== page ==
There are some rankings that you just don't want to top. A recent survey from the Thomas Reuters Foundation created a ranking of the most dangerous countries for women — and the U.S. showed up in the top 10.
According to Reuters, the survey asked 550 women's issues experts about which countries they believed were the most dangerous for women in a number of different areas. These included access to healthcare, access to economic resources, the traditions in the country, the occurrence of sexual and non-sexual violence against women, and human trafficking. The survey respondents were asked to name the five countries that they considered to be the most dangerous in each area, and then the results displayed the ten countries that had the overall worst outcomes.
India topped the ranking as the No. 1 most dangerous country for women, and the U.S. was the only western country to appear on it, taking the 10th spot.
When carried out previously, the survey had only listed the five most dangerous countries for women, which Reuters reported were Afghanistan, Democratic Republic of Congo, Pakistan, India, and Somalia in 2011. Now, the top five are India, Afghanistan, Syria, Somalia, and Saudi Arabia — with the U.S. finishing the list at No. 10.
The U.S. didn't rank the worst in every category, according to the survey results. In fact, it didn't appear in the top 10 wors for health care, discrimination against women, human trafficking, or issues stemming from local cultural traditions.
However, it was tied for third worst for dangers facing women in terms of sexual violence, a category that included, as the survey listed, "rape as a weapon of war; domestic rape; rape by a stranger; the lack of access to justice in rape cases; sexual harassment and coercion into sex as a form of corruption."
It was also ranked sixth in terms of non-sexual violence. Newsweek noted that the civil-war mired Syria only came in three spots above that, at third.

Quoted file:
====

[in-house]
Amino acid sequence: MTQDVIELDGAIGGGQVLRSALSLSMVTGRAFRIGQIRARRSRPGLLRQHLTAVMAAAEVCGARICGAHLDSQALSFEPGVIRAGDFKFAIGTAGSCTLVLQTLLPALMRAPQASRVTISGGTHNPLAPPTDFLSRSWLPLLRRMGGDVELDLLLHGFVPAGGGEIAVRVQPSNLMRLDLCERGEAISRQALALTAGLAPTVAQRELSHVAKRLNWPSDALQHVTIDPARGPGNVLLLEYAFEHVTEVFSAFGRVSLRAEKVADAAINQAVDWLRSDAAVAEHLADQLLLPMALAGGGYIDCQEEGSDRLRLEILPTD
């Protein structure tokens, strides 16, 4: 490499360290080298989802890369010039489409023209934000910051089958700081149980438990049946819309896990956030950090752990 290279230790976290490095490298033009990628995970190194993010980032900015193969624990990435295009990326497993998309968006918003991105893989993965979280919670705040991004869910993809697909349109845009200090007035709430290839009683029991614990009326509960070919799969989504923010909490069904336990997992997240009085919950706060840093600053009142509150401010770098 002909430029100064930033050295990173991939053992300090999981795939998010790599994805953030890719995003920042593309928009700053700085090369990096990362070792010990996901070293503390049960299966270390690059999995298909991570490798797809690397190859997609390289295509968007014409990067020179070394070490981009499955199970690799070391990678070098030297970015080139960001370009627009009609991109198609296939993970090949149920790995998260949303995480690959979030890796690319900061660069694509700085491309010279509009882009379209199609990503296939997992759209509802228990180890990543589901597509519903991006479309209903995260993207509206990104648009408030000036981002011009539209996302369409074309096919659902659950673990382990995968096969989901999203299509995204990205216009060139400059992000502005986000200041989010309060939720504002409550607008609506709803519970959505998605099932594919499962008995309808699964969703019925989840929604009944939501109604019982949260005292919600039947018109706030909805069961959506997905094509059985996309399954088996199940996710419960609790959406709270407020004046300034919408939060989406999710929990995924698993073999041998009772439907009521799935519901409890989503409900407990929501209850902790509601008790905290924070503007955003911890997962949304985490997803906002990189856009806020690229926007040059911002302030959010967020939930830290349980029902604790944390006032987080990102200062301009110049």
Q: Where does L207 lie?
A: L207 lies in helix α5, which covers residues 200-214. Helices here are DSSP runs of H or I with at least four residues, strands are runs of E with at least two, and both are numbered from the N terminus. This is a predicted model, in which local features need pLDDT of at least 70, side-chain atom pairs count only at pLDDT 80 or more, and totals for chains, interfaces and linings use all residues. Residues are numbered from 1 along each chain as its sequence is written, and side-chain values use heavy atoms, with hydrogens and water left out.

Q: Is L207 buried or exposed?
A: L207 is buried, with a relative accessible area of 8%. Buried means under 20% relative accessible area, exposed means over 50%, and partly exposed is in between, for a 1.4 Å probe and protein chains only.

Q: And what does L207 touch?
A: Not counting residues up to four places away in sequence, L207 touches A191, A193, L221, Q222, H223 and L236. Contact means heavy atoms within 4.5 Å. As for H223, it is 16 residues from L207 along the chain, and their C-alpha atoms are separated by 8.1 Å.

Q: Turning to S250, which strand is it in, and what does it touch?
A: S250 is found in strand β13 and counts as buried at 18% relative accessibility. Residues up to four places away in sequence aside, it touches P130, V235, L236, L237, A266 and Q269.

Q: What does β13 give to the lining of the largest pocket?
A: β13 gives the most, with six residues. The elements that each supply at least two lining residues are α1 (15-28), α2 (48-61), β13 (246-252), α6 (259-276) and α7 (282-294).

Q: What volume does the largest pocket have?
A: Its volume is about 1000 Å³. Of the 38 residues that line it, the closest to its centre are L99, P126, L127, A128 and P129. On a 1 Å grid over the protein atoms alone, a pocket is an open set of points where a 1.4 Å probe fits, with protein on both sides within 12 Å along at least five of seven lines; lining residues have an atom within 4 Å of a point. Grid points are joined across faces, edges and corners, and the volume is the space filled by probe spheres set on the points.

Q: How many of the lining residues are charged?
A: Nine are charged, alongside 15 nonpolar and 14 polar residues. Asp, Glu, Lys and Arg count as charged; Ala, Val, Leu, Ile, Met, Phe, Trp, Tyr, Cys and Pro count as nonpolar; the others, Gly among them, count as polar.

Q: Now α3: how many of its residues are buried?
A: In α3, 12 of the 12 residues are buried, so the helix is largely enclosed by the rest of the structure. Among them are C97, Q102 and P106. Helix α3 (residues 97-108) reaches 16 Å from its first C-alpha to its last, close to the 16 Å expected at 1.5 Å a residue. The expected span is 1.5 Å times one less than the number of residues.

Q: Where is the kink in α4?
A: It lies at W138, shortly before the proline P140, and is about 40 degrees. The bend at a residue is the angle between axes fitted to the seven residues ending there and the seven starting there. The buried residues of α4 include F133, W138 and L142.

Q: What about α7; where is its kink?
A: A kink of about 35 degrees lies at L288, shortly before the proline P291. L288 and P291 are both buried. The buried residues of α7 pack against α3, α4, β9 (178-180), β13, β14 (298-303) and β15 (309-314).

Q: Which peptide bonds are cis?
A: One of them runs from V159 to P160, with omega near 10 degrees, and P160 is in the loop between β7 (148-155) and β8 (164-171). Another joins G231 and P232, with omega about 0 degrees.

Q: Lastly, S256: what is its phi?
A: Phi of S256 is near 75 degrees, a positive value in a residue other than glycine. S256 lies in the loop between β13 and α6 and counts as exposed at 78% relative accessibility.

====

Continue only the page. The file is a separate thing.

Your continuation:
“People want to think income means you’re protected from misogyny, and sadly that’s not the case,” Cindy Southworth, executive vice president of the National Network to End Domestic Violence, told Reuters. “We are going to look back and see this as a very powerful tipping point ... We’re blowing the lid off and saying ‘#Metoo and Time’s Up’.”
The limits of this survey's usefulness stem from the fact that it is, as the survey's methodology section states, a "global perception poll." The rankings are not supported by hard data, necessarily, but instead by the views of the experts who were asked to respond to the survey.
This isn't to say that some — or all — of them would not have been relying on hard data, but instead that the hard data isn't mentioned in the survey or the results. The possibility certainly exists that other western countries are indeed as dangerous or more dangerous for women, but #MeToo and Time's Up didn't explode so powerfully there.
The survey's purpose, however, wasn't to provide that hard data, but instead to "highlight the most dangerous countries for women." And following the thousands of stories that poured out during #MeToo, the dangers to women that American society presents have come into full focus not only domestically, but around the world as well.